Trail: Deployment
Lesson: Applets
Section: Taking Advantage of the Applet API
Playing Sounds
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Playing Sounds

The JApplet class in the Java Swing package (javax.swing), and the AudioClip interface in the Java Applet package (java.applet) provide basic support for playing sounds. Currently, the Java API supports only one sound format: 8 bit, µ-law, 8000 Hz, one-channel, Sun ".au" files. You can create these on a Sun workstation using the audiotool application. You can convert files from other sound formats using an audio format conversion program.

Sound-Related Methods

Below are the sound-related Applet methods. The two-argument form of each method takes a base URL, which is usually returned by either getDocumentBase or getCodeBase, and the location of the sound file relative to the base URL.

getAudioClip(URL), getAudioClip(URL, String)
Return an object that implements the AudioClip interface.
play(URL), play(URL, String)
Play the AudioClip corresponding to the specified URL.

The AudioClip interface defines the following methods:

Starts playing the clip repeatedly.
Plays the clip once.
Stops the clip. Works with both looping and one-time sounds.

An Example

Here is an applet called SoundExample that illustrates a few things about sound. Note that, for instructional purposes, the applet adds up to 10 seconds to the load time for each sound. If the sounds were larger or the user's connection slower than ours, these delays might be realistic.

Note: If you don't see the applet running above, you need to install Java Plug-in, which happens automatically when you install the Java(TM) SE JRE or JDK. This applet requires JDK 1.4 or later. You can find more information on the Java Plug-in home page.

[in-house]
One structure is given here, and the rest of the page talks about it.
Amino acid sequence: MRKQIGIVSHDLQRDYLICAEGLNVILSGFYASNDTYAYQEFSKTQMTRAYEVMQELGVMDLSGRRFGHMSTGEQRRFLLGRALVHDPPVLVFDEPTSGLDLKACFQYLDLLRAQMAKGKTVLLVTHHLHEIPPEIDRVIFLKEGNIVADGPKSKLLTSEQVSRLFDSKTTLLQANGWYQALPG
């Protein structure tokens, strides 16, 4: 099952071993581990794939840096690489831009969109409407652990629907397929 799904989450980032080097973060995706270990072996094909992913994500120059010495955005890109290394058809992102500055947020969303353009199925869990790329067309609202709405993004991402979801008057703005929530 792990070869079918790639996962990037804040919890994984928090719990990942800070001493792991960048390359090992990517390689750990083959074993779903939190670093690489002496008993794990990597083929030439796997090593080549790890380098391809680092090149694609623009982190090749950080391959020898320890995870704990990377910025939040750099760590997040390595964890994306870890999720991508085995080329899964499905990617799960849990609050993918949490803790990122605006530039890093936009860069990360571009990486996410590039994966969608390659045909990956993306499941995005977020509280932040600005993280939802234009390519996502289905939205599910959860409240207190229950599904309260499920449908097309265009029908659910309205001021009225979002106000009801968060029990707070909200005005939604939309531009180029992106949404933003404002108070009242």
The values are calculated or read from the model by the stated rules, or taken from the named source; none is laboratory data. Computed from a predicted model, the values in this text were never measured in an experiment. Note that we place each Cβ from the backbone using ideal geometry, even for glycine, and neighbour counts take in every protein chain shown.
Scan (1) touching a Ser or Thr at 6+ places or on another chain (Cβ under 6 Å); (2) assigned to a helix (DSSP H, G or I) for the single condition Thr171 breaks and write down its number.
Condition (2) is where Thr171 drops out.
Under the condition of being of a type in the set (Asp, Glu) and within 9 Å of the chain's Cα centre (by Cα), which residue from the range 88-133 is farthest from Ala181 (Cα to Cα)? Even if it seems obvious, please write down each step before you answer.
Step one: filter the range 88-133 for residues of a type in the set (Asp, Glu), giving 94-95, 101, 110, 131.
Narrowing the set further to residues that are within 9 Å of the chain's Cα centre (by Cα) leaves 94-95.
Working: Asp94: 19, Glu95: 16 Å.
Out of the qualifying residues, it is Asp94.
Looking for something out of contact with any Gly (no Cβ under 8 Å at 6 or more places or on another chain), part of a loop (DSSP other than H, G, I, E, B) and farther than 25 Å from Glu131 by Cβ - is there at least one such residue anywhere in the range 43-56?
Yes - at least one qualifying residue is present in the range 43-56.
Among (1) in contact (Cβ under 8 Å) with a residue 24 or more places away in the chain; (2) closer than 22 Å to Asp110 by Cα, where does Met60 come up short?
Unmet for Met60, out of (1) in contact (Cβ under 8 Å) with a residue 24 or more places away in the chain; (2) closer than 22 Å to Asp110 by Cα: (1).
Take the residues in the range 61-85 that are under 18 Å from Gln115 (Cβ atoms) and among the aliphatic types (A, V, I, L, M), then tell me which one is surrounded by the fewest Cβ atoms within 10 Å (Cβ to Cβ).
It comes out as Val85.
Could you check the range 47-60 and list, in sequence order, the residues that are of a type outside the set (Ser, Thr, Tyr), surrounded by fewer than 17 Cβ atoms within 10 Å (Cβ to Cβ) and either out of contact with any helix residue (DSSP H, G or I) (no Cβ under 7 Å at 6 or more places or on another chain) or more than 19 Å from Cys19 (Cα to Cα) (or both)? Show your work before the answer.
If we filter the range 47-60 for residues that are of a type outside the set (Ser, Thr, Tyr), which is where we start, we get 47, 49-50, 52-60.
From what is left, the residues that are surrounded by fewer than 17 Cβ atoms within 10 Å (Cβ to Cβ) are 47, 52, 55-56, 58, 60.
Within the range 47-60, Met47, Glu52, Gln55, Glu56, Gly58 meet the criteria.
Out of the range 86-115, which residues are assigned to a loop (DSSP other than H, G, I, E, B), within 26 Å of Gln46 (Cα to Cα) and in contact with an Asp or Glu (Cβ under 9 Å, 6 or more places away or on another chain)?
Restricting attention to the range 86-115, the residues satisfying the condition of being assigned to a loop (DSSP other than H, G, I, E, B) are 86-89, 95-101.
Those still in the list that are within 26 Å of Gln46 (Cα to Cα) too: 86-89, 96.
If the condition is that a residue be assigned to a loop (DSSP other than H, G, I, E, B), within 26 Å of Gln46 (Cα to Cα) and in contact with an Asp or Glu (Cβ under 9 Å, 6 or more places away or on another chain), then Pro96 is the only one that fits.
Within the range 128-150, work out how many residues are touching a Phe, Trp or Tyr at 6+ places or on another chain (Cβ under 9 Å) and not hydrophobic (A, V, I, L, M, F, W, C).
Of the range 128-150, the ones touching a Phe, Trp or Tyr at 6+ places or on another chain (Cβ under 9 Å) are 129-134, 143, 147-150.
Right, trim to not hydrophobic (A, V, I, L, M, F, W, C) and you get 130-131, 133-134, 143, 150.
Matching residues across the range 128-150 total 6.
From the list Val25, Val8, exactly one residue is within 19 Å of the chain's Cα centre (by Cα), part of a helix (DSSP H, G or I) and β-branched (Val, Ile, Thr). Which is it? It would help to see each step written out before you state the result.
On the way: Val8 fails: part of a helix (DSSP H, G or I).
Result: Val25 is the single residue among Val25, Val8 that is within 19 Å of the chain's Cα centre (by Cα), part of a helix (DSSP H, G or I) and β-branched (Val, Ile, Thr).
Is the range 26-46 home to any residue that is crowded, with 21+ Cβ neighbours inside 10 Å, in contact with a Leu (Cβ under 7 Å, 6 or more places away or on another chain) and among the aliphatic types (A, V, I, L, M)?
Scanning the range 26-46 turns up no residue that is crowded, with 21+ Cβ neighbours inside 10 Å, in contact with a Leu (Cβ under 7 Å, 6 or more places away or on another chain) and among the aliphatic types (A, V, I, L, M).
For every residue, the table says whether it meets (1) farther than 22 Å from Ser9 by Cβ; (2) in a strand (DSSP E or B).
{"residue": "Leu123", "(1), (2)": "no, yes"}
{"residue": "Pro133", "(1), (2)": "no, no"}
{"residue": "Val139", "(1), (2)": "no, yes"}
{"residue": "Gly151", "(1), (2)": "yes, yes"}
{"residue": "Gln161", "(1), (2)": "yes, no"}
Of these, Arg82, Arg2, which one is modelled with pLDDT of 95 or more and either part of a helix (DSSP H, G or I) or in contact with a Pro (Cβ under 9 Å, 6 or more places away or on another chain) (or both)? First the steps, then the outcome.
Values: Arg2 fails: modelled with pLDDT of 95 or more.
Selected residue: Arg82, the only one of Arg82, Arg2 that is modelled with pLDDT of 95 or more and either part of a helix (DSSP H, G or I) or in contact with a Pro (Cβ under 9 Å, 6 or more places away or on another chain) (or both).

The SoundExample applet provides an architecture for loading and playing multiple sounds in an applet. For this reason, it is more complex than necessary. Essentially, the sound loading and playing code boils down to this:

AudioClip onceClip, loopClip;
onceClip = applet.getAudioClip(getCodeBase(), "");
loopClip = applet.getAudioClip(getCodeBase(), "");;     //Play it once.
loopClip.loop();     //Start the sound loop.
loopClip.stop();     //Stop the sound loop.

Since there's nothing more annoying than an applet that continues to make noise after you've left its page, the SoundExample applet stops playing the continuously looping sound when the user leaves the page, and resumes playing it when the user comes back. It does this by implementing its stop and start methods as follows:

public void stop() {
    //If one-time sound were long, we'd stop it here, too.  
    //looping is a boolean instance variable that's initially
    //false. It's set to true when the "Start sound loop" button
    //is clicked and to false when the "Stop sound loop" or "Reload
    //sounds" button is clicked.
    if (looping) {
        loopClip.stop();    //Stop the sound loop.
public void start() {
    if (looping) {
        loopClip.loop();    //Restart the sound loop.

The SoundExample applet features three classes:

Preloading the sounds in a background thread (with SoundLoader) improves the perceived performance by reducing the amount of time the user has to wait to be able to interact with the applet. It does this by reducing the amount of time spent in the init method. If you simply called getAudioClip in the applet's init method, it could take quite a while before getAudioClip returned, meaning that the applet couldn't perform the other statements in its init method, and that the applet's start wouldn't get called. (For this SoundExample applet, a delay in calling the start method doesn't matter.)

Another advantage of loading the sounds in a background thread is that it enables the applet to respond appropriately (and immediately) to user input that would normally cause a sound to play, even if that sound hasn't been loaded yet. If you simply use the Applet play method, for example, then the first time the user does something to make the applet play a particular sound, the applet's drawing and event handling are frozen while the sound is loaded. Instead, this applet detects that the sound hasn't been loaded yet and responds appropriately.

This example is discussed in more detail in Threads in Applets: Examples.

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